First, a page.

necessaries had actual knowledge of the existence of any lack
of authority relied upon as a defense." World Fuel
Serv. Trading, DMCC v. M/V HEBEI SHIJAZHUANG, 12
F.Supp.3d 792, 808 (E.D. Va. 2014); see also See also
Belcher Oil Co., 766 F.2d at 1512 ("If the person
who order the services is not authorized by the owner to
create liens and if the furnisher of the services has notice
of the lack of authority, it is entirely clear that no lien
will arise.") (citing Gilmore & Black, The Law
of Admiralty, 2d Ed. at 685); Gulf Oil Trading Co.
v. M/V CARIBE MAR, 757 F.2d 743');">757 F.2d 743, 749 (5th Cir. 1985)
(noting that the legislative history of CIMLA supports the
policy that a physical supplier does not have a lien
"when a physical supplier has actual knowledge of a
prohibition of lien clause" contained in a charter
party). In other words, the presumption that a charterer has
authority to bind a vessel to a maritime lien is
“rebutted” or “overcome” where a
defendant has shown that a supplier of necessaries has actual
knowledge of the charterer's lack of authority to bind a
vessel. Belcher Oil Co., 766 F.2d at 1509; Lake
Union Drydock Co. v. M/V POLAR VIKING, 446 F.Supp. 1286,
1291 (W.D. Wash. 1978).
the addition of a “no-lien stamp” or
“disclaimer stamp” affixed to a bunker delivery
note is insufficient to provide such notice. Am. Oil
Trading, Inc. v. M/V SAVA, 47 F.Supp.2d 348, 352
(E.D.N.Y. 1999); O.W. Bunker Malta Ltd. v. M/V
TROGIR, 602 F. App'x 673, 679 (9th Cir.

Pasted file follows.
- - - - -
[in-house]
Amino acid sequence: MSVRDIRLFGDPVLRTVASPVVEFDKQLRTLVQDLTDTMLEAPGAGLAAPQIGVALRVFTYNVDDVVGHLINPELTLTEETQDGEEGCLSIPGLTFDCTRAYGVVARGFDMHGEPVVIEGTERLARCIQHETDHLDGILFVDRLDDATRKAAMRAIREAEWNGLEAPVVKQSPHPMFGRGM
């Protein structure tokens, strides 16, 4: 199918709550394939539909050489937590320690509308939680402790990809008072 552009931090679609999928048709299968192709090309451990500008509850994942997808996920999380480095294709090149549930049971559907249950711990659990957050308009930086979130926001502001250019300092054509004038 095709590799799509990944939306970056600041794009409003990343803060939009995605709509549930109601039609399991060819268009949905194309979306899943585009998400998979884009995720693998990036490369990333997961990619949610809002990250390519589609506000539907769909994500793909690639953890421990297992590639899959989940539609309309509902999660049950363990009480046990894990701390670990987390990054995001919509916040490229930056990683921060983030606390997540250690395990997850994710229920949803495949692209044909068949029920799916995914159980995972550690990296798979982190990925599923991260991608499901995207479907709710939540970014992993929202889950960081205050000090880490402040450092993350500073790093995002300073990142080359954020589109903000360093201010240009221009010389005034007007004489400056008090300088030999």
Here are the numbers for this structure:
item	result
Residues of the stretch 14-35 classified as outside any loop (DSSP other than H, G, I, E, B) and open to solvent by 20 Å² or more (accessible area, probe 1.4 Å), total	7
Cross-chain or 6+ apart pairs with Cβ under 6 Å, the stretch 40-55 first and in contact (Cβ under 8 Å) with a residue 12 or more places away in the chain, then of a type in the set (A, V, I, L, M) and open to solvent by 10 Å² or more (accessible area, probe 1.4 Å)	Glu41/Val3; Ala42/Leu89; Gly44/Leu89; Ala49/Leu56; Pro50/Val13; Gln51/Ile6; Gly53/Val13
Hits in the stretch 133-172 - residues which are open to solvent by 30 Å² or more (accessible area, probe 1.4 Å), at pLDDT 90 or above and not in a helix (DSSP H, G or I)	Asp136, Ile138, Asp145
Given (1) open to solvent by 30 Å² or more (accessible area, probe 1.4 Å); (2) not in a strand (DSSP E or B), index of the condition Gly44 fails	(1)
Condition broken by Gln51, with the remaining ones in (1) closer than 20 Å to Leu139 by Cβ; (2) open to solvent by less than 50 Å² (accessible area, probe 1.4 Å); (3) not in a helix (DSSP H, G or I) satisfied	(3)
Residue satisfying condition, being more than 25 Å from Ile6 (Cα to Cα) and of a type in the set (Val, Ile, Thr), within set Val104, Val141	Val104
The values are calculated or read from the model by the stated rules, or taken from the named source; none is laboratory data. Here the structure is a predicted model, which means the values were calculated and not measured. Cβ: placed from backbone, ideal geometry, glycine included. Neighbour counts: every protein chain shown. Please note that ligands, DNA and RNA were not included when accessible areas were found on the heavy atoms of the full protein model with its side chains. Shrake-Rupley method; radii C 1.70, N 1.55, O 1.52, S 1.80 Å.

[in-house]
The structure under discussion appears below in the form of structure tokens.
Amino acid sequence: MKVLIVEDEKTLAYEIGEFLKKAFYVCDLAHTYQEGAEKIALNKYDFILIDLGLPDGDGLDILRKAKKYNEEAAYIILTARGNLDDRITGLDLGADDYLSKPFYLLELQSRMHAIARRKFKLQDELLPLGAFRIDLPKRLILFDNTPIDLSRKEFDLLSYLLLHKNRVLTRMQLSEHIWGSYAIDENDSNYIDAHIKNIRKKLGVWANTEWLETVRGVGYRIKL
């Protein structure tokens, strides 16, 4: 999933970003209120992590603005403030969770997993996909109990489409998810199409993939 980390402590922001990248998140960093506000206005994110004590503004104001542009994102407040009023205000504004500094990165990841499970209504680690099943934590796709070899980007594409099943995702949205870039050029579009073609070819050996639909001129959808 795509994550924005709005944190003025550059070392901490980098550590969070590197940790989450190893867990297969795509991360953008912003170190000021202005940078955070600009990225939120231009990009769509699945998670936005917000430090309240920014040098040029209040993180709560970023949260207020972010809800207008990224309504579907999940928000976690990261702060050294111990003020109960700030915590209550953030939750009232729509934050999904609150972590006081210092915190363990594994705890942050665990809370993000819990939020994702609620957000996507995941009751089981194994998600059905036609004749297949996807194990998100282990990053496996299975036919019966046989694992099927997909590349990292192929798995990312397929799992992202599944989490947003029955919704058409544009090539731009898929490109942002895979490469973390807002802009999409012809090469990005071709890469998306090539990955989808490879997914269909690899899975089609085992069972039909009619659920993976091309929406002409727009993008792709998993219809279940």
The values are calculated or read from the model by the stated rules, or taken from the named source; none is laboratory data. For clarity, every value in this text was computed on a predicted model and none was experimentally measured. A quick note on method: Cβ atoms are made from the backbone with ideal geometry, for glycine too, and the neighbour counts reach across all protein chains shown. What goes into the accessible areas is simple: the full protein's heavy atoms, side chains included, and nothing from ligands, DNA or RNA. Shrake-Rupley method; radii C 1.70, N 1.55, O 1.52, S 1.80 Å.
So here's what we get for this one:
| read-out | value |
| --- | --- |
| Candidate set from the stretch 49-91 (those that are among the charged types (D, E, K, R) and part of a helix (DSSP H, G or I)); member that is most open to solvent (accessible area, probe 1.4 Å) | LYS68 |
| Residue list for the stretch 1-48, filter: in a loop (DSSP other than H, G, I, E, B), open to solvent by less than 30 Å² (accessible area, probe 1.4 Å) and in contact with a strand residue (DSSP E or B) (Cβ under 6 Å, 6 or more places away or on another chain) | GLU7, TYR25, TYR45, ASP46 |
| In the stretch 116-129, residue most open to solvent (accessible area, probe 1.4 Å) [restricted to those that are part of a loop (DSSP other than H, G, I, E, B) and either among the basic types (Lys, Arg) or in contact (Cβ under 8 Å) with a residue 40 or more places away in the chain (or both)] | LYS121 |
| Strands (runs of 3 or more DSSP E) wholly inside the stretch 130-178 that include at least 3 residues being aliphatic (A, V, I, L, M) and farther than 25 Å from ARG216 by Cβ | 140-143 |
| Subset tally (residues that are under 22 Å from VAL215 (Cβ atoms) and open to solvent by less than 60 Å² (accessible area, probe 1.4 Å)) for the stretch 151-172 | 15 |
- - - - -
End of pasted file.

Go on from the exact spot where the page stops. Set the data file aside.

2015); Empire Scott Stevedoring, Inc. v. M/V STEVNS
PEARL, 98-CV-1818, 1998 U.S. Dist. LEXIS 14607, at *9
(E.D. La. Sept. 10, 1998); Gulf Oil Trading Co. v. M/V
FREEDOM, 84-CV-0425, 1985 U.S. Dist. LEXIS 23790, at *3,
7-8 (D. Ore. July 25, 1985). However, an “affirmative
communication” to the supplier may provide such notice.
Cal Dive Offshore Contractors, Inc. v. M/V Sampson,
15-CV-2788, 2017 WL 1157125, at *6 (S.D.N.Y. March 27, 2017);
O.W. Bunker Malta Ltd. v. M/V Trogir, 12-CV-5657,
2013 U.S. Dist. LEXIS 19026, at *7-8 (C.D. Cal. Jan. 29,
2013), aff'd, O.W. Bunker Malta Ltd. v. M/V
Trogir, 602 F. App'x 673 (9th Cir. 2015).
“supplier” does not include merely the contract
supplier but may include the physical supplier if the vessel
owner had no knowledge of any other fuel supplier involved in
the transaction. See Hampton Bermuda Ltd. v. M/V STAR
SIRANGER, 05-H-3074, 2008 A.M.C. 1352, at 1359 (S.D.
Tex. Aug. 18, 2008) (“[A]ctual notice must be given to
the supplier of the necessary, or to another entity in
the supply chain known to the vessel owner. . . . On the
facts presented to the Court at trial, the vessel provided
actual notice of the ‘no-lien clause' to Colonial
Oil, the physical supplier of the bunkers. Although Colonial
Oil served as an independent contractor to Hampton Bermuda,
it is undisputed that the vessel had no knowledgeof any other fuel supplier involved in the
transaction, including any Hampton entity.”)
(emphasis added) (citing Gulf Oil Trading, 757 F.2d
at 750-51). However, such a supplier is distinguishable from
a mere “intermediary” (used to deliver the
necessaries in question) who had no “effect on the
relationship” between the ...